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story.lead_photo.caption An ensemble from the North Callaway Middle School Choir gave a performance of "This is Me" from The Greatest Showman during Thursday's North Callaway Board of Education meeting. Photo by Helen Wilbers / Fulton Sun.

AUXVASSE, Mo. — During Thursday evening's meeting, the North Callaway Board of Education got a peep at life inside the district's new middle school.

The 2020-21 school year is North Callaway Middle School's first. Previously, the building housed Auxvasse Elementary School, and sixth- through eighth-graders were split among the district's elementary schools. Now, those students are together — and they seem to be having a great time. Administrators, teachers and students presented in front of the board.

Principal Jessica Huyser and assistant principal Erikka Brown shared how they're using a "data trifecta" to help students' performance in school. They collect information about each student's behavior, grades and attendance (this year defined by tardies rather than absences), and they meet with students who fall behind in any of the three areas.

"At the beginning of each week we print a report (on grades) and any student with an 'F' gets a one-on-one conference so they can make a plan for the next week to bring that grade up," Brown said.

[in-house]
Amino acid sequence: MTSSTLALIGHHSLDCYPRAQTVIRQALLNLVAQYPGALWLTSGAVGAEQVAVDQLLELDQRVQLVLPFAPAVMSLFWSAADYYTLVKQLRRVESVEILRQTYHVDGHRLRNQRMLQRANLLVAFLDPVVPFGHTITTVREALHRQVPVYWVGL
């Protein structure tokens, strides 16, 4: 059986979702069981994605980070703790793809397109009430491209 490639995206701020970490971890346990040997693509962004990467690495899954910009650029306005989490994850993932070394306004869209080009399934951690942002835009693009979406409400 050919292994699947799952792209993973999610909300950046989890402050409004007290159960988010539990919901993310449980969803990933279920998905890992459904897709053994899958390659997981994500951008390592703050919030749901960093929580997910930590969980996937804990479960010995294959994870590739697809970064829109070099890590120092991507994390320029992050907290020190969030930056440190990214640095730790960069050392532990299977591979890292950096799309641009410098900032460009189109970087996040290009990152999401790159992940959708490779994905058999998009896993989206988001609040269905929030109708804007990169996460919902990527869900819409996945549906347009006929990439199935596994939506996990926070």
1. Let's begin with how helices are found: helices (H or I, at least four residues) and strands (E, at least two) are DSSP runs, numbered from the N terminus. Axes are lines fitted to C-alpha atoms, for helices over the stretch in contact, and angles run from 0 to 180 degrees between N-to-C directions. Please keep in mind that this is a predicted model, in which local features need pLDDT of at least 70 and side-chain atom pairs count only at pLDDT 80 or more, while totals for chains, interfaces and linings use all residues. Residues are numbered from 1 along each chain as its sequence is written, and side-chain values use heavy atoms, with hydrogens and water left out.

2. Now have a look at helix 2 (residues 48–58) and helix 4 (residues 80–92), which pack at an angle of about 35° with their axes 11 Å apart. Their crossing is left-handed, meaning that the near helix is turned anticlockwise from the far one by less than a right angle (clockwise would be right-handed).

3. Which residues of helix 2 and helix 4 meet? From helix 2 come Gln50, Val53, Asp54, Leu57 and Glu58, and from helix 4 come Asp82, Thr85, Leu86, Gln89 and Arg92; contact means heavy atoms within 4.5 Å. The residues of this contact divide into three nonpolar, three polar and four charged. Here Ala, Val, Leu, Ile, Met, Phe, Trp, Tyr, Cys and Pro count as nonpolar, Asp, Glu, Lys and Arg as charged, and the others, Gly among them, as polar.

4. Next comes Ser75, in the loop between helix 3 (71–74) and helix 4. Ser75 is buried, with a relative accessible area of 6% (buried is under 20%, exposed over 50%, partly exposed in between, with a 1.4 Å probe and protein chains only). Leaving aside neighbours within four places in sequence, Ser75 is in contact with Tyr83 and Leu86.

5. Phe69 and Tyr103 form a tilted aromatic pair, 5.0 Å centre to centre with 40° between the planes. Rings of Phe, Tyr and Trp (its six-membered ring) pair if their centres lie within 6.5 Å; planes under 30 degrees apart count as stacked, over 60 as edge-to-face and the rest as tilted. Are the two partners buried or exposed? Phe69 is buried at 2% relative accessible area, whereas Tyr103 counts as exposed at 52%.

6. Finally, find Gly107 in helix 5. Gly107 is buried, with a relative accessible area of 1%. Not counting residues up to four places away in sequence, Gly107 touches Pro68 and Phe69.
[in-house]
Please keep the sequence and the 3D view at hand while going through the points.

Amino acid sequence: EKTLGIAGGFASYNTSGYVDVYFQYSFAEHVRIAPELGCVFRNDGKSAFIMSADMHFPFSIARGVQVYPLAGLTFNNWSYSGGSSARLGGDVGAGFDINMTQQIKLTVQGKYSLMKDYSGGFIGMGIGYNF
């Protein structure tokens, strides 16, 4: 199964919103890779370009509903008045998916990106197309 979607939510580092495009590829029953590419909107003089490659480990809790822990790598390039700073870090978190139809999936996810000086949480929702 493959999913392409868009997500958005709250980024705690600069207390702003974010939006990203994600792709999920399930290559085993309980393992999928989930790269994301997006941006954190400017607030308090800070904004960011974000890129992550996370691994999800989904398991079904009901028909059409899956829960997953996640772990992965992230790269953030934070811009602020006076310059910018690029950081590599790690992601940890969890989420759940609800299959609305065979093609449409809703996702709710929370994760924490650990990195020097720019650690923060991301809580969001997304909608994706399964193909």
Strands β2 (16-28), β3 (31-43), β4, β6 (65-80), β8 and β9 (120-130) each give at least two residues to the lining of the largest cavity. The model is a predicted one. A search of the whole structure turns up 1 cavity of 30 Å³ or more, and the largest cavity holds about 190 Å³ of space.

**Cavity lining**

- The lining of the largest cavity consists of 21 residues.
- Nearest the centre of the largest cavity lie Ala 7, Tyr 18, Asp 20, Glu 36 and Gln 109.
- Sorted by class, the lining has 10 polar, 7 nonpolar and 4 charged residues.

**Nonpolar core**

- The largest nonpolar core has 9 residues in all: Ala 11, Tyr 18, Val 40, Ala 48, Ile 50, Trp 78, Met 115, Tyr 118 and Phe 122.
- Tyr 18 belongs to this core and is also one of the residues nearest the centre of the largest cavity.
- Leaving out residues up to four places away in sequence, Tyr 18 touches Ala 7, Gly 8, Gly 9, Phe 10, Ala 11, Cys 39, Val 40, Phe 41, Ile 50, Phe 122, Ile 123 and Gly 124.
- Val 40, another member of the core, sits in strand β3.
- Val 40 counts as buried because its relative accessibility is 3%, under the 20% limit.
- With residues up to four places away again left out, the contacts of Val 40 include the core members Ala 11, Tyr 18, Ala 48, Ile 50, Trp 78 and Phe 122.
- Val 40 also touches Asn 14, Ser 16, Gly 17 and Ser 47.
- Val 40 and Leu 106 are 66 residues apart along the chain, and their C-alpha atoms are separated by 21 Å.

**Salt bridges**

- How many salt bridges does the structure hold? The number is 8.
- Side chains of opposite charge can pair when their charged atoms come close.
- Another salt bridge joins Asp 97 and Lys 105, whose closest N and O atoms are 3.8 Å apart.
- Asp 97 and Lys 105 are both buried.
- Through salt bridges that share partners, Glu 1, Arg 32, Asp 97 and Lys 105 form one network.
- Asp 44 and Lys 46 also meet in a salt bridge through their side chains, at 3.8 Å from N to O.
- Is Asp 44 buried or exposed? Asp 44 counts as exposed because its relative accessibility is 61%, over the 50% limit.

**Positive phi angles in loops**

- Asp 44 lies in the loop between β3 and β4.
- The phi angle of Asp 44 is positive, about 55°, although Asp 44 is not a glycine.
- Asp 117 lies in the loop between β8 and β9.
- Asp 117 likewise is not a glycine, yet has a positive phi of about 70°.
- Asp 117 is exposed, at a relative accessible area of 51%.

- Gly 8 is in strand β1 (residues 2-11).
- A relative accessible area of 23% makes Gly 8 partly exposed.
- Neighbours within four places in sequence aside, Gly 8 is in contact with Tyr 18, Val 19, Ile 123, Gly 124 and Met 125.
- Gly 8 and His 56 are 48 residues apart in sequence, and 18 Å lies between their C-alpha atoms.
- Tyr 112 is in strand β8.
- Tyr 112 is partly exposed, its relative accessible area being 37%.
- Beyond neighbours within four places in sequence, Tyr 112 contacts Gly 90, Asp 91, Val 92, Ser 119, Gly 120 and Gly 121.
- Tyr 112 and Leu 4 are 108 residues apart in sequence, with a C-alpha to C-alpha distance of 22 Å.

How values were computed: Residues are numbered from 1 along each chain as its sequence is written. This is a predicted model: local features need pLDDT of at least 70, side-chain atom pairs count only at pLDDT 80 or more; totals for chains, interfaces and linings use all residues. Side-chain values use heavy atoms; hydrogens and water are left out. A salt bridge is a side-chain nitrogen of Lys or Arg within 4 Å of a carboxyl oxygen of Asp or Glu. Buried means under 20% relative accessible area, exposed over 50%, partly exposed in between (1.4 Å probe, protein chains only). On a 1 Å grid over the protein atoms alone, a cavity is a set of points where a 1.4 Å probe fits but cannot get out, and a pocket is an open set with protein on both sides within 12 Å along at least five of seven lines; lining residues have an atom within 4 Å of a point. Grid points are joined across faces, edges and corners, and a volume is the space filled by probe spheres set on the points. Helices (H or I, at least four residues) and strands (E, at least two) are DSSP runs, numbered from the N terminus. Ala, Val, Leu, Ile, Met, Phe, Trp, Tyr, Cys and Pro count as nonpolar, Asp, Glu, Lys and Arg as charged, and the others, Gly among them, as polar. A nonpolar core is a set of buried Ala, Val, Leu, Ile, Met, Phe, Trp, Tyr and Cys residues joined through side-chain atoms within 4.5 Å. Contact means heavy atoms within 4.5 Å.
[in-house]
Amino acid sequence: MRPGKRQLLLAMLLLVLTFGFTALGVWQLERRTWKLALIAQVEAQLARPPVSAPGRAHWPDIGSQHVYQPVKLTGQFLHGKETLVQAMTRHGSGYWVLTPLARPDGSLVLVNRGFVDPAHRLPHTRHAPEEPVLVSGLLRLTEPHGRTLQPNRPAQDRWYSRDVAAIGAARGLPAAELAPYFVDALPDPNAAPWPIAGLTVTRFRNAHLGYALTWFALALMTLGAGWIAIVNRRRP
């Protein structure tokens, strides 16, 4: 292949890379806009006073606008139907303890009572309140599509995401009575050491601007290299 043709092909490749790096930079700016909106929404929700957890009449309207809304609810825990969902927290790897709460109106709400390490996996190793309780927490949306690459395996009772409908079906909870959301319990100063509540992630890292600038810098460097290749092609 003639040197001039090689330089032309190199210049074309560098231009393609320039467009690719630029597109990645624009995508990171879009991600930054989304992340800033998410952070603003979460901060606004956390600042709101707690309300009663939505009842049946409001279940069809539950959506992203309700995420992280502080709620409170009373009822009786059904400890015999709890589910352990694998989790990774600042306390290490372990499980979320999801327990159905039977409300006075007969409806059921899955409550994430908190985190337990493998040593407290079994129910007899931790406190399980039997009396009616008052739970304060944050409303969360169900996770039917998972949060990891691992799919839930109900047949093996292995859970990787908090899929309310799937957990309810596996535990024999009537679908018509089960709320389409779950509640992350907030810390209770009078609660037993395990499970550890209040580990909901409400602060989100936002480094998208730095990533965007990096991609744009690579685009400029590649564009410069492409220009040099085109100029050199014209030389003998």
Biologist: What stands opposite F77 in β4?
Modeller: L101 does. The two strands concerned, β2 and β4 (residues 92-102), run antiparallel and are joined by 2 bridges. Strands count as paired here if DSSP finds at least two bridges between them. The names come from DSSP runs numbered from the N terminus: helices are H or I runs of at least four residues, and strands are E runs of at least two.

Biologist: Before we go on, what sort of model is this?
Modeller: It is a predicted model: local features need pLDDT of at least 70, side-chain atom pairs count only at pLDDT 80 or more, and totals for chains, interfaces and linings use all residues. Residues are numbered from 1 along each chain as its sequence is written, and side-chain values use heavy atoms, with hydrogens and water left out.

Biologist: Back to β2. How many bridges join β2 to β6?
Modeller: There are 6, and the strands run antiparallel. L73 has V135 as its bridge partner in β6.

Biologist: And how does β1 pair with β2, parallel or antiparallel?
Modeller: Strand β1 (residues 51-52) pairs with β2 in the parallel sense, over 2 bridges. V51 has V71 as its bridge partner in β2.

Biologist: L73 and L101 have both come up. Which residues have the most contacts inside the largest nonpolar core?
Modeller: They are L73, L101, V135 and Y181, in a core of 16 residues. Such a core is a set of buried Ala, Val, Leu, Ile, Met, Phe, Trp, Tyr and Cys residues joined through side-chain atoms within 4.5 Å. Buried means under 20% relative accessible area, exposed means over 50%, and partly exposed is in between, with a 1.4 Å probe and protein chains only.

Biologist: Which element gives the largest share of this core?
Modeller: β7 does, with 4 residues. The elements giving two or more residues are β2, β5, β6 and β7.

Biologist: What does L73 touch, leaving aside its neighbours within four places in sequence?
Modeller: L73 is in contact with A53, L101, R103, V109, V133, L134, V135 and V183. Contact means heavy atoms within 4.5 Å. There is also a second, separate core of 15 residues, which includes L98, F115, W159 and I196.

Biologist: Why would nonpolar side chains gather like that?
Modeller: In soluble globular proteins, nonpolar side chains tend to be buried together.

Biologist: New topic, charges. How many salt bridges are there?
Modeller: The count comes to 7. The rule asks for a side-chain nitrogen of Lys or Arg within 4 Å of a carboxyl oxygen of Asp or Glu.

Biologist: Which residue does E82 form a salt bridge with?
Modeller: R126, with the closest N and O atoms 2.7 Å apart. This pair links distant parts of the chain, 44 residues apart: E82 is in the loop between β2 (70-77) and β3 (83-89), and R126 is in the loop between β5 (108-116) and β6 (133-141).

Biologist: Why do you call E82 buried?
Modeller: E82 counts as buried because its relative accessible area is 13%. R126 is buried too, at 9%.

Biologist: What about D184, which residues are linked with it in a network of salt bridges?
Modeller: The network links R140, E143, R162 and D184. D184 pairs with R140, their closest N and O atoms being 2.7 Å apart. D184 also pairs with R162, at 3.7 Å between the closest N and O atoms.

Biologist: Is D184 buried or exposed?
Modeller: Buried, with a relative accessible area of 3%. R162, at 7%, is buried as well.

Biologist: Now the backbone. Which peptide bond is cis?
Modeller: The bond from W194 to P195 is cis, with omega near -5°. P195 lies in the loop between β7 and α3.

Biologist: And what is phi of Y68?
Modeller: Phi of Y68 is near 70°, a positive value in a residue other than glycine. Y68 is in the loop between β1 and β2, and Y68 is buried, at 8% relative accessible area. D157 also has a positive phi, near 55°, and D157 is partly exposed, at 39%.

Teachers take attendance in every class, and students who are repeatedly late to class also get a visit from administrators. These interventions more often take the form of walking with the student between classes to demonstrate it is indeed possible to be on time. The administrator might also talk with the student about checking in with their teacher before going to the bathroom so they're not marked tardy.

"It's neat — in the halls, you hear, 'We've got to go, we don't want to be late,'" Brown said, adding she's seen students improve and get fewer tardies through the year.

Behavioral interventions happen during the last 20 of the day, and they're interractive. In addition to speaking with administrators, students fill out self-assessments about their behaior.

"We try to support them," Huyser said.

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One huge advantage to forming a combined middle school: There are now enough sixth-eighth grade teachers in one place to offer a wide variety of electives. Each semester, students can pick up to two elective courses apieces from a long list of options. These range from conventional — band, choir, drama — to more unusual, like outdoor education. All students must take one semester of physical education/health per semester, however.

PE teacher Kelli Swearingen is doing her best to make the obligation fun. She recently conducted a fundraiser on teacher crowdfunding site "Donors Choose," raising about $600 for two tchouckball nets.

"It's one of the #1 games for middle school," Swearingen said, adding it's grown in popularity since the beginning of the COVID-19 pandemic.

The game involves bouncing balls off two springy nets, which make a "tchouck" sound when struck.

"When you play, you can't touch anybody," she said. "You can spread out all over the gym because you never know where that ball's going to go."

A girls ensemble from the middle school choir offered a heartfelt performance of "This is Me" from the musical The Greatest Showman, and a few students in the drama/speech club gave a readers' theatre performance of "The Tiny Croked Crack" by Carol Montgomery.

"The biggest complaint we have is that kids only want to do electives," Huyser said.

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